Michelle Blaydon – Les Courtes; Skiing the Croulante Couloir

I had had some pretty big ski tour days and was looking forward to some rest to recover my sore legs.  But, with some inconsistent weather approaching, and no end to it in sight, we decided to get out and make the most of the last sunny day for a while.  With a pessimistic weather forecast that had been wrong all week, impacting and cutting short plans, we took the 65% sun prediction as an opportunity to get into the high mountains for a long tour!

With a strong wind forecast to make its assault on all the north faces that day, a plan developed to climb and ski the Croulante Couloir on the South side of Les Courtes.  In order to avoid the wind from the north we decided to go the long way and approach directly from the South.

To make things even more interesting, rather than taking the preferred and easier overnight stay in the hut, we planned to try and complete the climb and ski in a day.  This entailed getting the first bin to the Aiguille Du Midi, skiing the Vallee Blanche, crossing the Les Chaux Glacier to the base of the Talefre basin and then skinning 1000m up to the furthest point on Les Courtes.  From here we would then have to boot pack the 700m to the top of the Croulante  – a long long way for a day hit on heavy ski touring kit!

Although I was excited about the plans, I was also nervous.  Les Courtes is the crucible of steep skiing and although the Croulante is one of its easiest ski lines, it can still be intimidating in poor conditions. We were also going to have to work really hard in order to ensure we summited and were down before the poor weather and sunset arrived.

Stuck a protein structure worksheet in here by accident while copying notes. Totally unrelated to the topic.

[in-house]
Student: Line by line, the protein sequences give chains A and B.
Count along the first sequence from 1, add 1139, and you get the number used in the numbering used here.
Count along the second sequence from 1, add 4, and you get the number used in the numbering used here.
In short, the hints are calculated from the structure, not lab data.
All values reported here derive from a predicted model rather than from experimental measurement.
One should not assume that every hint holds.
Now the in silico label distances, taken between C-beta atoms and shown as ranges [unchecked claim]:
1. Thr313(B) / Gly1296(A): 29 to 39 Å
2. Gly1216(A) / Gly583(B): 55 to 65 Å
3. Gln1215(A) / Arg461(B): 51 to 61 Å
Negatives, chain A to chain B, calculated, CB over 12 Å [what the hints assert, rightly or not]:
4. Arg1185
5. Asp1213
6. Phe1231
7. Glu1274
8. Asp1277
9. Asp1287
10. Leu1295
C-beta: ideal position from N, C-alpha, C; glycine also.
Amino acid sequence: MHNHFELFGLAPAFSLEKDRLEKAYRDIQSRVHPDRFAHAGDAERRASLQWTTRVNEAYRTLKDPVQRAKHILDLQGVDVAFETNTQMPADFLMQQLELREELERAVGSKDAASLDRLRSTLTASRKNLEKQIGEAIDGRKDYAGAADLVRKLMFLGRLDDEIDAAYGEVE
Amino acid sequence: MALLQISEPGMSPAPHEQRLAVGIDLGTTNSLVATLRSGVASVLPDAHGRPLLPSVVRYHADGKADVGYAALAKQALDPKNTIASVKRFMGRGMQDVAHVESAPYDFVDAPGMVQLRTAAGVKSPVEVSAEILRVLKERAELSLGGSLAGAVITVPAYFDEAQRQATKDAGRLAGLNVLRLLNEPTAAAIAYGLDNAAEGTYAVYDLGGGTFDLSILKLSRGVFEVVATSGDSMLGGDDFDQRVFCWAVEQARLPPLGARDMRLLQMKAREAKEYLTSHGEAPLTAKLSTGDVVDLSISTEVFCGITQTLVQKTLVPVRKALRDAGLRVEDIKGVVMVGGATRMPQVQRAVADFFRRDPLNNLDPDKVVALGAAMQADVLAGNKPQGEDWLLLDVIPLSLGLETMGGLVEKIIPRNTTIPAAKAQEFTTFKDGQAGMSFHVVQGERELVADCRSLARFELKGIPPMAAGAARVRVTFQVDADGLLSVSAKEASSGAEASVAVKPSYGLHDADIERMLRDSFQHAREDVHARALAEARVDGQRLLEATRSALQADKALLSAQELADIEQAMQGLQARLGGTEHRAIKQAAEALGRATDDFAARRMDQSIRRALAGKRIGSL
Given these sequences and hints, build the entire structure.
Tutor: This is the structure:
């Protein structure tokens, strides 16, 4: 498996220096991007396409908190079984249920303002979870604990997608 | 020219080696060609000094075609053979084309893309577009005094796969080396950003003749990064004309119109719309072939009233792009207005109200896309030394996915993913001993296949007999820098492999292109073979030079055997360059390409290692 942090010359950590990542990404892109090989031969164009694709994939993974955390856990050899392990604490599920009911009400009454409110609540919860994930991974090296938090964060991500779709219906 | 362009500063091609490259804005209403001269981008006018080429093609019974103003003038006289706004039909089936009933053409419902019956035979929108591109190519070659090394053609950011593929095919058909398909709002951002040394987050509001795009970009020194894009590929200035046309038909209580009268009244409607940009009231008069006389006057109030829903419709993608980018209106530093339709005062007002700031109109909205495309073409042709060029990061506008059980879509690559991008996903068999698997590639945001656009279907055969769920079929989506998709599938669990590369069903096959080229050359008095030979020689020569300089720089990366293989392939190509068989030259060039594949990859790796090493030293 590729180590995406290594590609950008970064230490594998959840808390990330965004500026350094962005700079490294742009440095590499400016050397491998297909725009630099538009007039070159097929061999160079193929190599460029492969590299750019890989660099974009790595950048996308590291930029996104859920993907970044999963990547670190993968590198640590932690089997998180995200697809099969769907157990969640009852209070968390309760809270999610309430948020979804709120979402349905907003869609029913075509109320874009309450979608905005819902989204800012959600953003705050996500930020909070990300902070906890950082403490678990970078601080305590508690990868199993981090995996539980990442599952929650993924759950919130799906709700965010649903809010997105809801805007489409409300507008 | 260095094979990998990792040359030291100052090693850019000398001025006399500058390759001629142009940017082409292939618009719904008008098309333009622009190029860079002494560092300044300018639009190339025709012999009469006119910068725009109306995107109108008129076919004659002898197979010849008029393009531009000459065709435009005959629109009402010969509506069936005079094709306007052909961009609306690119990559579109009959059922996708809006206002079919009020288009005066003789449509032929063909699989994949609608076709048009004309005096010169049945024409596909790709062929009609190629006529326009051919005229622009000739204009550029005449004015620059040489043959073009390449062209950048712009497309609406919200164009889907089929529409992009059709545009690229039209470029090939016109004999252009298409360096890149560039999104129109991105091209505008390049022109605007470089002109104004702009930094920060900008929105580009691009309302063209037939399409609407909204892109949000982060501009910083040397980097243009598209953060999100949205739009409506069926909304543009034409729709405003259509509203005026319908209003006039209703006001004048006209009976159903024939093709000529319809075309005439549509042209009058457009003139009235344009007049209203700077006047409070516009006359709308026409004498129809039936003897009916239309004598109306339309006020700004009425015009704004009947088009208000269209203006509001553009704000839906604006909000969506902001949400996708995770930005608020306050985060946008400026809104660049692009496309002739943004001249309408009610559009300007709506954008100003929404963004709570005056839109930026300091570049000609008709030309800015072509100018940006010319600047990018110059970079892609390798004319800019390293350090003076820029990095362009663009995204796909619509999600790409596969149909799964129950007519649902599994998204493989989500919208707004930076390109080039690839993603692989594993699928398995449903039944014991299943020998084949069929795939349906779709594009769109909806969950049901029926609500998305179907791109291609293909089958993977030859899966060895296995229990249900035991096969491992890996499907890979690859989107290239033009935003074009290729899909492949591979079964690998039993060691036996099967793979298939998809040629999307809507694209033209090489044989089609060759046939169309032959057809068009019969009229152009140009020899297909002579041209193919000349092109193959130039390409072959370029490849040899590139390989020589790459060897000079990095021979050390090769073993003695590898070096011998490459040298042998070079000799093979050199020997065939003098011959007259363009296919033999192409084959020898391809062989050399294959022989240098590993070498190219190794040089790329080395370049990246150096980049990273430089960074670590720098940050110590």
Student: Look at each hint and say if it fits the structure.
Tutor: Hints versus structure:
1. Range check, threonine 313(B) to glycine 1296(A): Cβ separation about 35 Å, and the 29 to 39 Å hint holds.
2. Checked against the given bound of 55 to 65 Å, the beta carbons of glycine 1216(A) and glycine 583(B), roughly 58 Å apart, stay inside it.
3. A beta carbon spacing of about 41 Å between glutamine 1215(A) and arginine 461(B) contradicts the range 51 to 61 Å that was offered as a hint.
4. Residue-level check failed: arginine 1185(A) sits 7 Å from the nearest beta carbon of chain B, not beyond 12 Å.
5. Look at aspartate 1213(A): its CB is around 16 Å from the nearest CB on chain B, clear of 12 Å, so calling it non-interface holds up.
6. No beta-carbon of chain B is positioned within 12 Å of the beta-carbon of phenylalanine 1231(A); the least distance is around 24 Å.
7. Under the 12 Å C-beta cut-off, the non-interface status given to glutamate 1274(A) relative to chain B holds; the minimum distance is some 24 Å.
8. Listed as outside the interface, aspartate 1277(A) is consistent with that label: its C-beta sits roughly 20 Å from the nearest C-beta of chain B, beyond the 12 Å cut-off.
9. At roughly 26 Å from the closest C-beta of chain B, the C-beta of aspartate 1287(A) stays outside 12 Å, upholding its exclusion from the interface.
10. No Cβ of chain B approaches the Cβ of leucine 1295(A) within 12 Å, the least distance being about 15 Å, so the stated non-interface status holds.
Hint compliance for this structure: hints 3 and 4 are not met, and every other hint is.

The impressive South face of the Les Courtes and The Croutlante Couloir marked in red. This entire ridgeline offers many steep ski descents ranging in difficulty and exposure.

I woke that morning feeling tired form the previous days adventures and still a little apprehensive as to what I had committed to.  My apprehension and dread grew further as I skied down the Vallee Blanche with chronic lactic acid burn in my legs and feet.  But, as the sun came around, I found a steady rhythm against the increasing altitude and slowly begun to settle in my mind and body to enable me to start enjoying the adventure in the shadow of the most inspiring mountains in the world.

After 4 hours of hard skinning we finally reached the base of the Couloir!  I was pretty happy for the rest and bite to eat before the hard boot-pack began.

Halfway up the Couloir.  Being so early in the season I was really struggling with the altitude.   I had to count steps to try and keep my mind focused and break down the goal into smaller more manageable chunks.  I allowed myself a rest every 50 steps!

The view from the top of the Couloir, looking down the ski-line.  The first two turns are the hardest as the muscles and mind try to quickly adjust from climbing to skiing, made even harder at altitude.  I try and spend 5 minutes jumping on the spot and getting my balance muscles back before I set off skiing.

The ski down was mainly firm but had pockets of soft manageable snow that we could rip down – fun!  The predicted 65% sun forecast was more like 90%, which was really lucky for us.  But, with increasing cloud cover building towards the evening, we rushed back to Chamonix before the light got too flat and the sun faded completely.

I had been looking at this line for the last two years wondering if I could ski its steep face. I was so happy that I finally managed to ski it, but to do this route in a day was an even bigger achievement for me.  It did take me quite a few days to recover from this adventure.  I am not sure I would go the long way around again in a hurry!

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